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Justice News

Department of Justice
U.S. Attorney’s Office
Northern District of Texas

Wednesday, October 23, 2013

Arlington Man Sentenced To 55 Months In Federal Prison For Conspiring To Commit Wire Fraud

Defendant Represented Himself as a CPA to Assist Individuals and Businesses
Obtain Fraudulent Line-of-Credit Loans

DALLAS — Robert Pauley, 56, of Arlington, Texas, was sentenced this morning by U.S. District Judge Ed Kinkeade to 55 months in federal prison, and ordered to pay $2,595,000 in restitution for assisting individuals and businesses with fraudulent line-of-credit loans.  Judge Kinkeade ordered that Pauley surrender to the Bureau of Prisons on January 15, 2014.  Judge Kinkeade further ordered Pauley to surrender his Certified Public Accountant (CPA) license and to not practice in the field of accounting during the term of his supervised release.  Today’s announcement was made by U.S. Attorney Sarah R. Saldaña of the Northern District of Texas.

In November 2012, Pauley pleaded guilty to an Information charging one count of conspiracy to commit bank fraud, admitting that from at least July 2008 through at least December 2011, he conspired with others to make and submit false and fraudulent statements to banks in connection with personal and business line-of-credit loans.  A line-of-credit loan is a no-collateral loan based on the financial condition of the borrower.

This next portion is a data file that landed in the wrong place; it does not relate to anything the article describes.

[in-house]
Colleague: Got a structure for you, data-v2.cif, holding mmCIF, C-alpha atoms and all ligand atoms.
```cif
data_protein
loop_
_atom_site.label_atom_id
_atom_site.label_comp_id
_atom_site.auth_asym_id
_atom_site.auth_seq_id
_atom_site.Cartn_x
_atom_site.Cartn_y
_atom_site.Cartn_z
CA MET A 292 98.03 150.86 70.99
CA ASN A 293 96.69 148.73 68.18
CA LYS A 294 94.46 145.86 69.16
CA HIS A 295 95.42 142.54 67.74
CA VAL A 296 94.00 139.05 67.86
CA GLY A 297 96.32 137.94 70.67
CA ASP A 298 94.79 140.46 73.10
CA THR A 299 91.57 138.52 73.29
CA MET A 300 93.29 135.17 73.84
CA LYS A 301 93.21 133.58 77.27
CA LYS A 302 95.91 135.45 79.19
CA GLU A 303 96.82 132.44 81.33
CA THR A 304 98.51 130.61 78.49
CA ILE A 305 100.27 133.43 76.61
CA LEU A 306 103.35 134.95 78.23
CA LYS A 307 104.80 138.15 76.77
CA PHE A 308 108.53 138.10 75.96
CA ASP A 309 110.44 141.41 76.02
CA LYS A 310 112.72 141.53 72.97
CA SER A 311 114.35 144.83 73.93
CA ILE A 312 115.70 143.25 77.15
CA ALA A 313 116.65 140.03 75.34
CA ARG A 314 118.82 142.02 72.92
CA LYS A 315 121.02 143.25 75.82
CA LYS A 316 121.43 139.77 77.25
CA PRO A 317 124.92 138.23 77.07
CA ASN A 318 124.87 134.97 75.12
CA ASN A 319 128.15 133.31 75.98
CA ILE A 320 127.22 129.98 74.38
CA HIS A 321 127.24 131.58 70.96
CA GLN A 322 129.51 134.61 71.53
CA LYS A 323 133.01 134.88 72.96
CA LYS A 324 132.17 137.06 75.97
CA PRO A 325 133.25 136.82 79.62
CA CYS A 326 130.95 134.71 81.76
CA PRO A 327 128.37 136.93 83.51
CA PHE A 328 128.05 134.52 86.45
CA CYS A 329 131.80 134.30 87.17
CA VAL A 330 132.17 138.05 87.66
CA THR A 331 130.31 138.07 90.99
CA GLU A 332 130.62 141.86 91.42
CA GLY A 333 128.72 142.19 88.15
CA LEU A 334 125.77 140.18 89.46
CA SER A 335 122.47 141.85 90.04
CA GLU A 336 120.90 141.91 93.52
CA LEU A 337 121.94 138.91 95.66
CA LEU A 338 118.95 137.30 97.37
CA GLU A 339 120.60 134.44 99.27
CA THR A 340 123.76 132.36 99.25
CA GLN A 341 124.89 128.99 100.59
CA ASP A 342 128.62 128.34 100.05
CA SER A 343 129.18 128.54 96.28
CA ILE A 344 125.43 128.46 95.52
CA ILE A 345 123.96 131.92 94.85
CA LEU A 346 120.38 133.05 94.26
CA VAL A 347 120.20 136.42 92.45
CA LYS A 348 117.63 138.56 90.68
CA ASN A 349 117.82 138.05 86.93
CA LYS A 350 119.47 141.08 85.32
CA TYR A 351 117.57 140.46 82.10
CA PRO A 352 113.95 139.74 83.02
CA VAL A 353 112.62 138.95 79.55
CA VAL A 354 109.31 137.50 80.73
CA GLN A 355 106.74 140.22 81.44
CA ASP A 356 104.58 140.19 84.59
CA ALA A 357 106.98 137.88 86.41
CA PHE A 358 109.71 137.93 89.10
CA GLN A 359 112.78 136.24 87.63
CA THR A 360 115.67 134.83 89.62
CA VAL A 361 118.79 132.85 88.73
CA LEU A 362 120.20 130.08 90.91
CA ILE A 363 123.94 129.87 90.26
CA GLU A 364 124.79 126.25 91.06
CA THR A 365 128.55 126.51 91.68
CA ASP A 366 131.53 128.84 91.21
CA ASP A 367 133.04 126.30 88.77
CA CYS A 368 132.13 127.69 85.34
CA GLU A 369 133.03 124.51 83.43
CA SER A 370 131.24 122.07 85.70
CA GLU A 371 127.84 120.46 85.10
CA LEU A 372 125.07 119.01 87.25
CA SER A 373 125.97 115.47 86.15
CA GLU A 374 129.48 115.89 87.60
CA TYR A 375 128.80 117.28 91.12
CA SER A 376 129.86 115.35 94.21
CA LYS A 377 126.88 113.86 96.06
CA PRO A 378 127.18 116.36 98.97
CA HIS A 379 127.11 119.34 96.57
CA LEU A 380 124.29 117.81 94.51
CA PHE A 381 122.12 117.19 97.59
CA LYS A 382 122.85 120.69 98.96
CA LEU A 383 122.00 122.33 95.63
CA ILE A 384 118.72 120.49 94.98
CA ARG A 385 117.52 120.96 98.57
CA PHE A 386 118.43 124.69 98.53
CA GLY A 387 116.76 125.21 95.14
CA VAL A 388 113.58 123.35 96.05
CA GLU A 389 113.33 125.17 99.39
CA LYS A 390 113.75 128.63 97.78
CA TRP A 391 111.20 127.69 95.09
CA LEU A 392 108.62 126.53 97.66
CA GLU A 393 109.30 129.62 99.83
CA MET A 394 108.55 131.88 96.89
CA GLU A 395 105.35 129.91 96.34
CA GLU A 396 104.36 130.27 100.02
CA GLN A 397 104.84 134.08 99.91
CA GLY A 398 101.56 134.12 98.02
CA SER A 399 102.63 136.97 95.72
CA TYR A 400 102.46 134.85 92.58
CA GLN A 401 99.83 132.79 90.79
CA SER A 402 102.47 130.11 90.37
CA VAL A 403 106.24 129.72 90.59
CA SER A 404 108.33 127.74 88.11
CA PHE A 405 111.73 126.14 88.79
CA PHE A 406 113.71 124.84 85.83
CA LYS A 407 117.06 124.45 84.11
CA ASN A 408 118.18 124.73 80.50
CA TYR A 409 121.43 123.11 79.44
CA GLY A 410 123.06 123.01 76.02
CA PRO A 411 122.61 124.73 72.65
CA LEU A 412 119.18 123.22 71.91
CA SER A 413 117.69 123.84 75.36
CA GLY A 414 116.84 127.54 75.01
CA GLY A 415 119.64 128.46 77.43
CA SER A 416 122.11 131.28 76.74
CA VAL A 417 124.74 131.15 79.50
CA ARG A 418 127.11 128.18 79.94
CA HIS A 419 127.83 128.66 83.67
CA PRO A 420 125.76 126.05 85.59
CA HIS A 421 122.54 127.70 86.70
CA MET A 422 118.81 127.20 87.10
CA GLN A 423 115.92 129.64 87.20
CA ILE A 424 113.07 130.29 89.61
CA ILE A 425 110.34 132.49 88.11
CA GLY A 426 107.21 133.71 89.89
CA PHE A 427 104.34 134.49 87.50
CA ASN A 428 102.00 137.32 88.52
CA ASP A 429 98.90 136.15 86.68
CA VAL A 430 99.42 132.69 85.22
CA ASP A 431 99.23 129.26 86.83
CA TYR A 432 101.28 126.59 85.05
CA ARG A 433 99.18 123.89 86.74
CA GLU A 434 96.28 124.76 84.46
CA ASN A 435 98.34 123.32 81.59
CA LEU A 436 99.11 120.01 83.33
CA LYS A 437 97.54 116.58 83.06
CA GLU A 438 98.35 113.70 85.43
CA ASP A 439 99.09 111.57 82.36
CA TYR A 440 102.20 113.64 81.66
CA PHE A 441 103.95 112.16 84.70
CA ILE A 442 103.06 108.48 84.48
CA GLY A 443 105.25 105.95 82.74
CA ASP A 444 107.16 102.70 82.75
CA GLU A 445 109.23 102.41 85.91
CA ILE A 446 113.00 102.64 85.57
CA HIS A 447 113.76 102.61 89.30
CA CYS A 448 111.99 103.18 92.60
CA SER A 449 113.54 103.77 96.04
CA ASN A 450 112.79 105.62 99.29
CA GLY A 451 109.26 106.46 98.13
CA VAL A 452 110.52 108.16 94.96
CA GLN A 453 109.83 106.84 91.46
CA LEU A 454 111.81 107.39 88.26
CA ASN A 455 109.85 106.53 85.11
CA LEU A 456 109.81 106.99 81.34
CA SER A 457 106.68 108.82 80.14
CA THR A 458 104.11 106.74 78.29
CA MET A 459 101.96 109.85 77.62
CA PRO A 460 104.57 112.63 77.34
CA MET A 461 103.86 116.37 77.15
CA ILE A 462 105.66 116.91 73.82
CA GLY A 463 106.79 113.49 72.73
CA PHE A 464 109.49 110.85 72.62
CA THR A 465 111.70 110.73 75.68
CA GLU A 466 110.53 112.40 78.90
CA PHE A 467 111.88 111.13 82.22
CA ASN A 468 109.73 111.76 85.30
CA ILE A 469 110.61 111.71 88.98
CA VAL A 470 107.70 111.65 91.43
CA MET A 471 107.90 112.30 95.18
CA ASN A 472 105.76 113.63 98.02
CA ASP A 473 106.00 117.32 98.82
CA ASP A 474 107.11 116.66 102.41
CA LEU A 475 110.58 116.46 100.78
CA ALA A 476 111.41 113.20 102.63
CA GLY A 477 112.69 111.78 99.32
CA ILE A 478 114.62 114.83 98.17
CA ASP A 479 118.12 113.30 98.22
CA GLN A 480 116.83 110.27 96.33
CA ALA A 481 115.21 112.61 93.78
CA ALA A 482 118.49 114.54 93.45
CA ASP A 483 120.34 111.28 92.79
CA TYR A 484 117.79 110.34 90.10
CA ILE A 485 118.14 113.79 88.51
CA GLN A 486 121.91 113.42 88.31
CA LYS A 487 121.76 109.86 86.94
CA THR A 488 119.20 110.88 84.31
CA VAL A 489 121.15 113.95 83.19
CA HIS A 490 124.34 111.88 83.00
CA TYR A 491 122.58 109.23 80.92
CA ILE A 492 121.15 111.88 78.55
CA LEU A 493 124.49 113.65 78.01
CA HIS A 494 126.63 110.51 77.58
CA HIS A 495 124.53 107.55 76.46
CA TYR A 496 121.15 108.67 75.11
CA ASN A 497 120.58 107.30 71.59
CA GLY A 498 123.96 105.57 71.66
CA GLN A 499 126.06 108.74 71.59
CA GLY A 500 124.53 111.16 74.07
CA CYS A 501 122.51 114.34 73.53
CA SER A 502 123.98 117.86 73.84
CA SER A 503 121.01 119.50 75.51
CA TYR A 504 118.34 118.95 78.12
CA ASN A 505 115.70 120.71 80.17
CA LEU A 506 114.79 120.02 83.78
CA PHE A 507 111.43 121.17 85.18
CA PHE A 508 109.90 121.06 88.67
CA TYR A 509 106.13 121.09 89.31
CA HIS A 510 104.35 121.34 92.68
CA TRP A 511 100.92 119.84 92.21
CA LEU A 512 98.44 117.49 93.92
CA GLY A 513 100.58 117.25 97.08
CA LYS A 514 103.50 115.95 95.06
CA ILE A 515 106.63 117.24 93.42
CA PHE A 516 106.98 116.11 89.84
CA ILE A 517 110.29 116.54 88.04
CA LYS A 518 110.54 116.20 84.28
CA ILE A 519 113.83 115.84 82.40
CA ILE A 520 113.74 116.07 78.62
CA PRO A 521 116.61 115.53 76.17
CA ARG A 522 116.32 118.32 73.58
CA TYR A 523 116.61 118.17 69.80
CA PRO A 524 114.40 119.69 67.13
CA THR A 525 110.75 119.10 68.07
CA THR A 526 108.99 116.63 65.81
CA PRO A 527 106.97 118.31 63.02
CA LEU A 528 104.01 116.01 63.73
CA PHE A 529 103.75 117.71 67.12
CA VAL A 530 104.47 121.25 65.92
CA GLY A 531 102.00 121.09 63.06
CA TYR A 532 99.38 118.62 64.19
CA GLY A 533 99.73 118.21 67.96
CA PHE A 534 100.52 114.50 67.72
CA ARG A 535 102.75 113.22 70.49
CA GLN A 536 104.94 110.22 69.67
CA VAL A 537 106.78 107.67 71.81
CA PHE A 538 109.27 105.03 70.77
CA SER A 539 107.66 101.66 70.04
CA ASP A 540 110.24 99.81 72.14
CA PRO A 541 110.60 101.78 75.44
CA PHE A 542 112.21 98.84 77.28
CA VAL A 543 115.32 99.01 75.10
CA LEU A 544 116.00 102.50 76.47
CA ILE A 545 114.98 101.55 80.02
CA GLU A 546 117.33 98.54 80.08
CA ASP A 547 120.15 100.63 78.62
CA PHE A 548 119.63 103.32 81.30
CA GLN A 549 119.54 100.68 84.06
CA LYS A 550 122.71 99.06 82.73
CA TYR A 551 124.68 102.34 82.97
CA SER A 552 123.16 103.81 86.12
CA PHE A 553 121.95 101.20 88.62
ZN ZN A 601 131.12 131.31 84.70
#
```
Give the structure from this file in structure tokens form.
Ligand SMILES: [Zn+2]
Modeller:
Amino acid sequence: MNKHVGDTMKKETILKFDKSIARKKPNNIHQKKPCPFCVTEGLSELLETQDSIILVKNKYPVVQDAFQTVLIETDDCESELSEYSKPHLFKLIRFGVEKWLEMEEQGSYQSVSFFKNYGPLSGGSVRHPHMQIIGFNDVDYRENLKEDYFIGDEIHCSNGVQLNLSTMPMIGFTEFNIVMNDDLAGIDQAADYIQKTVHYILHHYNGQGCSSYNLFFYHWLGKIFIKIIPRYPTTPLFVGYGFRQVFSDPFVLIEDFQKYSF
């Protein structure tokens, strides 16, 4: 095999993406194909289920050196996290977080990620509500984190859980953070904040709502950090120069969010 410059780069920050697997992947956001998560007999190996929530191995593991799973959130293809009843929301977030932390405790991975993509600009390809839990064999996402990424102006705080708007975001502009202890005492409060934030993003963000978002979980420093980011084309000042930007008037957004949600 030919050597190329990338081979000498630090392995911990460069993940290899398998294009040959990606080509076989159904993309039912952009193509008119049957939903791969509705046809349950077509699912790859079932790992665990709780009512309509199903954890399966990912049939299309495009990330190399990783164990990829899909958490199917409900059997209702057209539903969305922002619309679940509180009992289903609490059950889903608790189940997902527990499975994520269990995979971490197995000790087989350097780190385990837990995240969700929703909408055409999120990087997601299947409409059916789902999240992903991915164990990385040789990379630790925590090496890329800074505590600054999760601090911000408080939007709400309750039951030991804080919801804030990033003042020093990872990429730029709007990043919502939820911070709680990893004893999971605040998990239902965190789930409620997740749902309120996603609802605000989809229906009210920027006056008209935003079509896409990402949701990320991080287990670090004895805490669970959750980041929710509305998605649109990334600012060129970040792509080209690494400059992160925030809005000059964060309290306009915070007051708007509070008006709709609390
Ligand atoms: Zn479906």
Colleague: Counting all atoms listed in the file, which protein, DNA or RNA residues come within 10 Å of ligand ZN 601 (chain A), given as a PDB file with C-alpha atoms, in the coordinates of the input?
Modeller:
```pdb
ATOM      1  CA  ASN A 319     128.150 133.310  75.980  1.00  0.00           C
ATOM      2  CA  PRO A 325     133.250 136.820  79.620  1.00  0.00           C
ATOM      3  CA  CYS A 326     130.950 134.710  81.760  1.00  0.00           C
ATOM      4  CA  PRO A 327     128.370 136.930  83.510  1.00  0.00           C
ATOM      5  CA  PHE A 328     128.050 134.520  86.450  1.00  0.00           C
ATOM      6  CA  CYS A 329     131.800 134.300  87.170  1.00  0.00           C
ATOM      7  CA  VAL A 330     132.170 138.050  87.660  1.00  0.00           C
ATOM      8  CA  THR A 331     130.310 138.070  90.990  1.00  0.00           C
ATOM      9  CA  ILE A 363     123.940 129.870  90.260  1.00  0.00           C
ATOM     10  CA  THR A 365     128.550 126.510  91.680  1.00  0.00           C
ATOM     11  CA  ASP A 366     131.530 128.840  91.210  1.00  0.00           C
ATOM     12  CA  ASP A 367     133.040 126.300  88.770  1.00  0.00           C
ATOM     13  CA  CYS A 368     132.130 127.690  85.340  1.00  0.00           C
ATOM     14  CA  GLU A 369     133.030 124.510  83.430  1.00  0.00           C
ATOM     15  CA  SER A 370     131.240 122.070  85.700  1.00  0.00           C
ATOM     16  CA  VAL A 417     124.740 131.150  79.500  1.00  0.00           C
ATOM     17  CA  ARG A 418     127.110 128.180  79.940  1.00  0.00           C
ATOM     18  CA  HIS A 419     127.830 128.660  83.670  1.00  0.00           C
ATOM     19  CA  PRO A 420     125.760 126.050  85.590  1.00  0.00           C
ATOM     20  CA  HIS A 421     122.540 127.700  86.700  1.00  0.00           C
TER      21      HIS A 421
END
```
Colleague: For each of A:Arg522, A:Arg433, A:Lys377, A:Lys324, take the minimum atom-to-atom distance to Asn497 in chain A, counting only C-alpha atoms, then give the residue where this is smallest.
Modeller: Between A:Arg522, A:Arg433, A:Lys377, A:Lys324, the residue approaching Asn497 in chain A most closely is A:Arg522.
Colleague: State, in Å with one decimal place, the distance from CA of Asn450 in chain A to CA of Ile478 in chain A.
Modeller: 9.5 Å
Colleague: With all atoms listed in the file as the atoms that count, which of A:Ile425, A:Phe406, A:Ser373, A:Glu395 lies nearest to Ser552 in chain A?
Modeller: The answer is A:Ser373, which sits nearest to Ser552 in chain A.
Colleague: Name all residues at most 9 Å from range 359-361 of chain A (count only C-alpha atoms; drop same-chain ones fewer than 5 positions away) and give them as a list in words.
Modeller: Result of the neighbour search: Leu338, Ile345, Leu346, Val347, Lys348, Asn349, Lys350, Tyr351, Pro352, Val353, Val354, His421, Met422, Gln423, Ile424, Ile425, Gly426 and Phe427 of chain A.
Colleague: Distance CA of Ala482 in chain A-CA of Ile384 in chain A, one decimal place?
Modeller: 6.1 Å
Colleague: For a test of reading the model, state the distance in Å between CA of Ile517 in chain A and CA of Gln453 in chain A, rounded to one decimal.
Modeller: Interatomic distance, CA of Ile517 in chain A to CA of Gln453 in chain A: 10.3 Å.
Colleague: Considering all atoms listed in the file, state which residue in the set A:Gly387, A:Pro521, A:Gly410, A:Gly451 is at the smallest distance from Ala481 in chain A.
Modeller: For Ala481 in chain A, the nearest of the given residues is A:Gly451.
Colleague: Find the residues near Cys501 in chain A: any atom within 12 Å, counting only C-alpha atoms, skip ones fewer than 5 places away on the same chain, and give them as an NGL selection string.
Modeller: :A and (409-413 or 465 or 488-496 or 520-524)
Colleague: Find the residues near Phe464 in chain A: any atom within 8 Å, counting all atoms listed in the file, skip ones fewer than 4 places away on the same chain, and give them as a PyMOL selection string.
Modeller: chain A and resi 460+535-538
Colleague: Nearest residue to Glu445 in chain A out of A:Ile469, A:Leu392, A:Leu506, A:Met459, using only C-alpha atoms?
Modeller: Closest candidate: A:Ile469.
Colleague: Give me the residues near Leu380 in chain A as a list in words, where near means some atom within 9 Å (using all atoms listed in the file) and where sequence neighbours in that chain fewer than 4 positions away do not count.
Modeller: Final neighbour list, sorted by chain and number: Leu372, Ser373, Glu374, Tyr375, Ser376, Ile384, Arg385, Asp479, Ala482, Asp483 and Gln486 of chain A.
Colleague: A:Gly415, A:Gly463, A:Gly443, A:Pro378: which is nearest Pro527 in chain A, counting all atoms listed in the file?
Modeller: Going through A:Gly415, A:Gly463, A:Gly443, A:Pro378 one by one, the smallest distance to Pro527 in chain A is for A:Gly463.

The financial institutions funded the loans based on favorable personal financial statements and false tax returns prepared by Pauley for the loan applications.  Pauley admits that he misrepresented his status as a CPA to the financial institutions by failing to inform them that his CPA license had been revoked.  He received a percentage of the loan funds as a commission.

In November 2010, for example, Pauley prepared and submitted a loan application and supporting documents that contained false and fraudulent information to Regions Bank for a $200,000 loan in the name of DFW Royal Investments LLC.  Among other things, the tax returns provided to Regions Bank were fictitious in that they falsely identified the guarantor’s personal income as more than $300,000, when in was fact, it was approximately $38,000.  Pauley admitted that he submitted the false tax returns with the specific intent to defraud Regions Bank and that by making the false statements to secure the $200,000 loan, Pauley placed Regions Bank at risk of financial loss or civil liability.

The case was investigated by the FBI.  Assistant U.S. Attorney J. Nicholas Bunch was in charge of the prosecution.

Updated June 22, 2015